Numerical interpretation of high-altitude photoelectron observations

Michael W. Liemohn, R. A. Frahm, J. D. Winningham, Y. Ma, S. Barabash, R. Lundin, J. U. Kozyra, A. F. Nagy, S. M. Bougher, James Bell, D. Brain, D. Mitchell, J. Luhmann, M. Holmström, H. Andersson, M. Yamauchi, A. Grigoriev, S. McKenna-Lawler, J. R. Sharber, J. R. ScherrerS. J. Jeffers, A. J. Coates, D. R. Linder, D. O. Kataria, E. Kallio, H. Koskinen, T. Säles, P. Riihelä, W. Schmidt, E. Roelof, D. Williams, S. Livi, C. C. Curtis, K. C. Hsieh, B. R. Sandel, M. Grande, M. Carter, J. A. Sauvaud, A. Fedorov, J. J. Thocaven, S. Orsini, R. Cerulli-Irelli, M. Maggi, P. Wurz, P. Bochsler, N. Krupp, J. Woch, M. Fränz, K. Asamura, C. Dierker

Research output: Contribution to journalArticle

43 Scopus citations


The Electron Spectrometer (ELS) instrument of the ASPERA-3 package on the Mars Express satellite has recorded photoelectron energy spectra up to apoapsis ( ∼ 10, 000  km altitude). The characteristic photoelectron shape of the spectrum is sometimes seen well above the ionosphere in the evening sector across a wide range of near-equatorial latitudes. Two numerical models are used to analyze the characteristics of these high-altitude photoelectrons. The first is a global, multi-species MHD code that produces a 3-D representation of the magnetic field and bulk plasma parameters around Mars. It is used here to examine the possibility of magnetic connectivity between the high-altitude flanks of the martian ionosheath and the subsolar ionosphere. It is shown that some field lines in this region are draped interplanetary magnetic lines while others are open field lines (connected to both the IMF and the crustal magnetic field sources). The second model is a kinetic electron transport model that calculates the electron velocity space distribution along a selected, non-uniform, magnetic field line. It is used here to simulate the high-altitude ELS measurements. It is shown that the photoelectrons are essentially confined to the source cone, as governed by magnetic field inhomogeneity along the field line. Reasonable agreement is shown between the data and the model results, and a method is demonstrated for inferring properties of the local and photoelectron source region magnetic field from the ELS measurements. Specifically, the number of sectors in which photoelectrons are measured is a function of the magnetic field intensity ratio and the field's angle with respect to the detector plane. In addition, the sector of the photoelectron flux peak is a function of the magnetic field azimuthal angle in the detector plane.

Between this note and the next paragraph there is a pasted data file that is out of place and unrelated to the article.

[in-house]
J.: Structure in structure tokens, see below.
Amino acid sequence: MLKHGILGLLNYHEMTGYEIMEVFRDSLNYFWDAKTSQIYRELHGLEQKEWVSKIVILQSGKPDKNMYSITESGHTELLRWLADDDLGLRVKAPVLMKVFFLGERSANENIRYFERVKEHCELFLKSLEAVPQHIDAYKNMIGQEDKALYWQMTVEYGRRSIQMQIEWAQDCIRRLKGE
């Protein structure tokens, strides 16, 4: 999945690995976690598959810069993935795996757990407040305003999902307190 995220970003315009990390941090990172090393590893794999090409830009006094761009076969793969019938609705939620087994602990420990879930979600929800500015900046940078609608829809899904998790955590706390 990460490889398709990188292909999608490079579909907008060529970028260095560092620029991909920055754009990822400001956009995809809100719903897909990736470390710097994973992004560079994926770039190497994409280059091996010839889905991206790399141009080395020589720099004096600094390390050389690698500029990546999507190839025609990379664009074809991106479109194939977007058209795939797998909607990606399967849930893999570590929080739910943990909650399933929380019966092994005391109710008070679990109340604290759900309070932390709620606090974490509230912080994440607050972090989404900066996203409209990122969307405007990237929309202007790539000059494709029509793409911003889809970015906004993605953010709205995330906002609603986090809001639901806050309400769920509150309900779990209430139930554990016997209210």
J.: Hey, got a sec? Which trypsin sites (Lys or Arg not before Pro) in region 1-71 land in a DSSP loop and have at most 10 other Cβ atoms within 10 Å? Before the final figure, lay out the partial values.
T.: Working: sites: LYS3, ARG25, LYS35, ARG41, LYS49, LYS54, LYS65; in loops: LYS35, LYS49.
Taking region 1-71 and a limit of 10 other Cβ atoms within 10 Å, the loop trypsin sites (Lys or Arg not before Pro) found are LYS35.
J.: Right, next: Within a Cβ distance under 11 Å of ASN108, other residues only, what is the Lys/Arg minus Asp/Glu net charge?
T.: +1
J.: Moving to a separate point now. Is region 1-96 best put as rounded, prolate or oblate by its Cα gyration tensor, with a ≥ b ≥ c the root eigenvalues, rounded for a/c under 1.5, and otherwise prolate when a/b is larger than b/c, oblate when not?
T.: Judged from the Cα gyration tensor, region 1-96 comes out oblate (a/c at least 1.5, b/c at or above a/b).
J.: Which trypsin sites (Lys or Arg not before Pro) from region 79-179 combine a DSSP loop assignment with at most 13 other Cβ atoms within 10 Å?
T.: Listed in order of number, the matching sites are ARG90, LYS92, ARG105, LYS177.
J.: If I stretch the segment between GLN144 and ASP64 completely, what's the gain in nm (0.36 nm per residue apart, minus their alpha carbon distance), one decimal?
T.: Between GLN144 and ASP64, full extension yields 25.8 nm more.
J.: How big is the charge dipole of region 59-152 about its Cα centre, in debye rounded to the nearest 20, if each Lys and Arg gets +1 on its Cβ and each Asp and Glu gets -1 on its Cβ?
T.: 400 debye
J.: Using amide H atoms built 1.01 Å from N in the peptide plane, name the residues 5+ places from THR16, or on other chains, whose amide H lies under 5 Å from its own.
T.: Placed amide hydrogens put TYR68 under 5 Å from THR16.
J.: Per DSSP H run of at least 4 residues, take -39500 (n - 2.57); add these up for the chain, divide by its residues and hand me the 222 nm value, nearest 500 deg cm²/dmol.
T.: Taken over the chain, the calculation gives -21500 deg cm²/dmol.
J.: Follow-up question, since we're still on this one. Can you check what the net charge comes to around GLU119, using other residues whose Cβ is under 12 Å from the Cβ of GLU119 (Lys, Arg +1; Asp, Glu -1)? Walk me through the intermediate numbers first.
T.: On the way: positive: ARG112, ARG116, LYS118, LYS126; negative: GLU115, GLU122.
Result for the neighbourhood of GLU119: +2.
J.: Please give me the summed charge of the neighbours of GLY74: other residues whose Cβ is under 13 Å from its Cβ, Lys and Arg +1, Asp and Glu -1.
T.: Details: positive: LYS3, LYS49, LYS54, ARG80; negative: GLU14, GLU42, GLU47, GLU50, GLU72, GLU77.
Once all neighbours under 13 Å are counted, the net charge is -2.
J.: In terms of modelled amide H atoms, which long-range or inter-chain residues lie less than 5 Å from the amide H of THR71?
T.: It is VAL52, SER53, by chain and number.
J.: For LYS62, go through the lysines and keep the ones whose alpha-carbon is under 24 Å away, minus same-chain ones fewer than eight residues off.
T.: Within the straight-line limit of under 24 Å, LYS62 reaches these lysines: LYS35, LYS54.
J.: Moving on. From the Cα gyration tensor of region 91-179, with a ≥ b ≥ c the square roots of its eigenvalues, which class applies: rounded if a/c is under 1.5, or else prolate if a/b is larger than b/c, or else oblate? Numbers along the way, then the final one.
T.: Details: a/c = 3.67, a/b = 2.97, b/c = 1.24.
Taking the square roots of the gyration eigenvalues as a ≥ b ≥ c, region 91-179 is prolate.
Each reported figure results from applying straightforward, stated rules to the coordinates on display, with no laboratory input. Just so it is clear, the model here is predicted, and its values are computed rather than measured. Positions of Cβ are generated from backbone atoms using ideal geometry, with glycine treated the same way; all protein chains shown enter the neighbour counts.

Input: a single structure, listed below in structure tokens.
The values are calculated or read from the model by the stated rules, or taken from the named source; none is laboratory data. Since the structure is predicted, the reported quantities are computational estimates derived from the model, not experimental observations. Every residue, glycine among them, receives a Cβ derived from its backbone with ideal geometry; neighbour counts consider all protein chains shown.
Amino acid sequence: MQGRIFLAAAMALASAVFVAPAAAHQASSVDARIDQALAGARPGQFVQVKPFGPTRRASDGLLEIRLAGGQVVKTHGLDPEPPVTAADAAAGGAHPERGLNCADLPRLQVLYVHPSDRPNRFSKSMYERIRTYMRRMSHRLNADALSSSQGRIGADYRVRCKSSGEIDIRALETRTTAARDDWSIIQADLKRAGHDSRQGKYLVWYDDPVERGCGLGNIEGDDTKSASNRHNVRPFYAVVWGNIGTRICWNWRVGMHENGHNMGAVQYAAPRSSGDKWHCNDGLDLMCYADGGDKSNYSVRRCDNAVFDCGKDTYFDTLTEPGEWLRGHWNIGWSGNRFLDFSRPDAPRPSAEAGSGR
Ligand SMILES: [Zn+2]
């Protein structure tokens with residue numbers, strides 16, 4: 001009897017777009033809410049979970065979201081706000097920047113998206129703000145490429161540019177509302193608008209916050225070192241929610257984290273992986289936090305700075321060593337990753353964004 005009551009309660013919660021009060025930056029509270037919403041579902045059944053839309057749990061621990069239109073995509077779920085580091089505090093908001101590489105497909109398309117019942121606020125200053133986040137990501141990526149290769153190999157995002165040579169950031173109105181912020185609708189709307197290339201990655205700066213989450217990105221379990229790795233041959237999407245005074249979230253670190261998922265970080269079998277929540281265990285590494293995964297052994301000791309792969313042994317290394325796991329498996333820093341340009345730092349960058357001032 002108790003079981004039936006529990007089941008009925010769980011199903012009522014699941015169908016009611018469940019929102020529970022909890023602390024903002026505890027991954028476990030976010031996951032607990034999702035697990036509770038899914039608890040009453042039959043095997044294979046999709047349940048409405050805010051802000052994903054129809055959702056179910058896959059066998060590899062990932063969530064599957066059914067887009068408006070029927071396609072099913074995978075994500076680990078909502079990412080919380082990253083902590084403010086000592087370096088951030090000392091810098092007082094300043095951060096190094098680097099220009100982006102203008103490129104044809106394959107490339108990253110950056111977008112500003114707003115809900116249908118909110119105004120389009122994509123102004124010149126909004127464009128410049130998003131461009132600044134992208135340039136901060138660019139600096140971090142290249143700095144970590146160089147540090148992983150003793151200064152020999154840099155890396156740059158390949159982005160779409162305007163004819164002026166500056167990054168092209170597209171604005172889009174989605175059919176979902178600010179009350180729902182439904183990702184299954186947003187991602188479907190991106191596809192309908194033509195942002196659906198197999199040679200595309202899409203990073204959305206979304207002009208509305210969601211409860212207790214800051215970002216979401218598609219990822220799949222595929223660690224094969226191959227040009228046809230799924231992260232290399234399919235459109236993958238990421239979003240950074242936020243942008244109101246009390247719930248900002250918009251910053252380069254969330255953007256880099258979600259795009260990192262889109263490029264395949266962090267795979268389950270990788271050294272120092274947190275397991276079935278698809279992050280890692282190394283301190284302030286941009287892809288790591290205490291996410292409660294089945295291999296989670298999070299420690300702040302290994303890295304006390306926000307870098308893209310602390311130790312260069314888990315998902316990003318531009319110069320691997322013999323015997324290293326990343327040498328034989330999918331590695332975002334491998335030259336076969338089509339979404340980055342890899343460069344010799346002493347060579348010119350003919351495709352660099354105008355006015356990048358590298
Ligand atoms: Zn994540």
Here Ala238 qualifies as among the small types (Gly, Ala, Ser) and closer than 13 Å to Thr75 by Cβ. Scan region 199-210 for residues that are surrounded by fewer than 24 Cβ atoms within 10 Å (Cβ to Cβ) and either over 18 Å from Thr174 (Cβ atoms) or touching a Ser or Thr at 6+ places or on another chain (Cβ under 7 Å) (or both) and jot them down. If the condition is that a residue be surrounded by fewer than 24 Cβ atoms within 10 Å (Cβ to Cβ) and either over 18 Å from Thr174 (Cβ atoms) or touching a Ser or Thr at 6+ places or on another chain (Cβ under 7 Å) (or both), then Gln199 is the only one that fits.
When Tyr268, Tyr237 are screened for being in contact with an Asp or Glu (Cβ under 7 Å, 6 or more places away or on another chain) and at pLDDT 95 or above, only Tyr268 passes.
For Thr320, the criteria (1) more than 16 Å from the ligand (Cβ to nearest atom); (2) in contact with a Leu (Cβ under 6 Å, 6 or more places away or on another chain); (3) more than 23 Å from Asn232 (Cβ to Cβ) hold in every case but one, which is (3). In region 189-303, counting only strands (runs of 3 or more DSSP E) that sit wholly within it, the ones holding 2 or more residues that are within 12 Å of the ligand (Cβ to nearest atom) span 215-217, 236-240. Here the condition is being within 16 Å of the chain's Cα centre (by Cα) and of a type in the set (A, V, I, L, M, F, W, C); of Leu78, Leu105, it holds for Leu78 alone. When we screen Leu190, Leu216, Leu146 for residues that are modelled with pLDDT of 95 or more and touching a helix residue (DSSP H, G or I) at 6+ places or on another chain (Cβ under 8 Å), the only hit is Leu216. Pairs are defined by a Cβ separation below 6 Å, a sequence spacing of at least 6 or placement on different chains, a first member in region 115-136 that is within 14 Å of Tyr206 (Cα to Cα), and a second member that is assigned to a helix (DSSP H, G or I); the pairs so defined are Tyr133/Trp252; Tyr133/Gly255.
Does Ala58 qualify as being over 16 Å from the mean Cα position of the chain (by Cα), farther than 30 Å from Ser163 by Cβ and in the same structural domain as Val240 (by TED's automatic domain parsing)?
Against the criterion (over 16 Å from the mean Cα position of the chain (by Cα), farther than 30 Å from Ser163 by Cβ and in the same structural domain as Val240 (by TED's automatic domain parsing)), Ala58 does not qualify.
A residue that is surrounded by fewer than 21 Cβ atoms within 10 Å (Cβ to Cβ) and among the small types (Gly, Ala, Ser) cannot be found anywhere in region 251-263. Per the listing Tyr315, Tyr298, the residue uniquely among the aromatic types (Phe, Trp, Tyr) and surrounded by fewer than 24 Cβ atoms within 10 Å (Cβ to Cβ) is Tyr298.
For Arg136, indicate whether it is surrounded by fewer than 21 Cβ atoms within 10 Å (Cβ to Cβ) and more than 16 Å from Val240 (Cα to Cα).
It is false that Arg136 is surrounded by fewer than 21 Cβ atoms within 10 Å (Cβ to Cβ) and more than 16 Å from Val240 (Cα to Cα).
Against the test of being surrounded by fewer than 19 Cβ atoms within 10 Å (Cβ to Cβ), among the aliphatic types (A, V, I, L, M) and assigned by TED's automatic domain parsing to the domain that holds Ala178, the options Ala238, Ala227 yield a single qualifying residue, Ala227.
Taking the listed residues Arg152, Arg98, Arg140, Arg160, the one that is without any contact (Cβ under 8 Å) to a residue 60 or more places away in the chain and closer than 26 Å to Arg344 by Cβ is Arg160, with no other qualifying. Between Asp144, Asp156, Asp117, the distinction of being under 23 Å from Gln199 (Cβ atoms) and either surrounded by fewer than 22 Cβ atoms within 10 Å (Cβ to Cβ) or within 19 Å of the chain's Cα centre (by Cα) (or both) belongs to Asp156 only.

Original languageEnglish (US)
Pages (from-to)383-395
Number of pages13
Issue number2
Publication statusPublished - Jun 2006
Externally publishedYes



  • Ionospheres
  • Magnetic fields
  • Magnetospheres
  • Mars

ASJC Scopus subject areas

  • Space and Planetary Science
  • Astronomy and Astrophysics

Cite this

Liemohn, M. W., Frahm, R. A., Winningham, J. D., Ma, Y., Barabash, S., Lundin, R., ... Dierker, C. (2006). Numerical interpretation of high-altitude photoelectron observations. Icarus, 182(2), 383-395.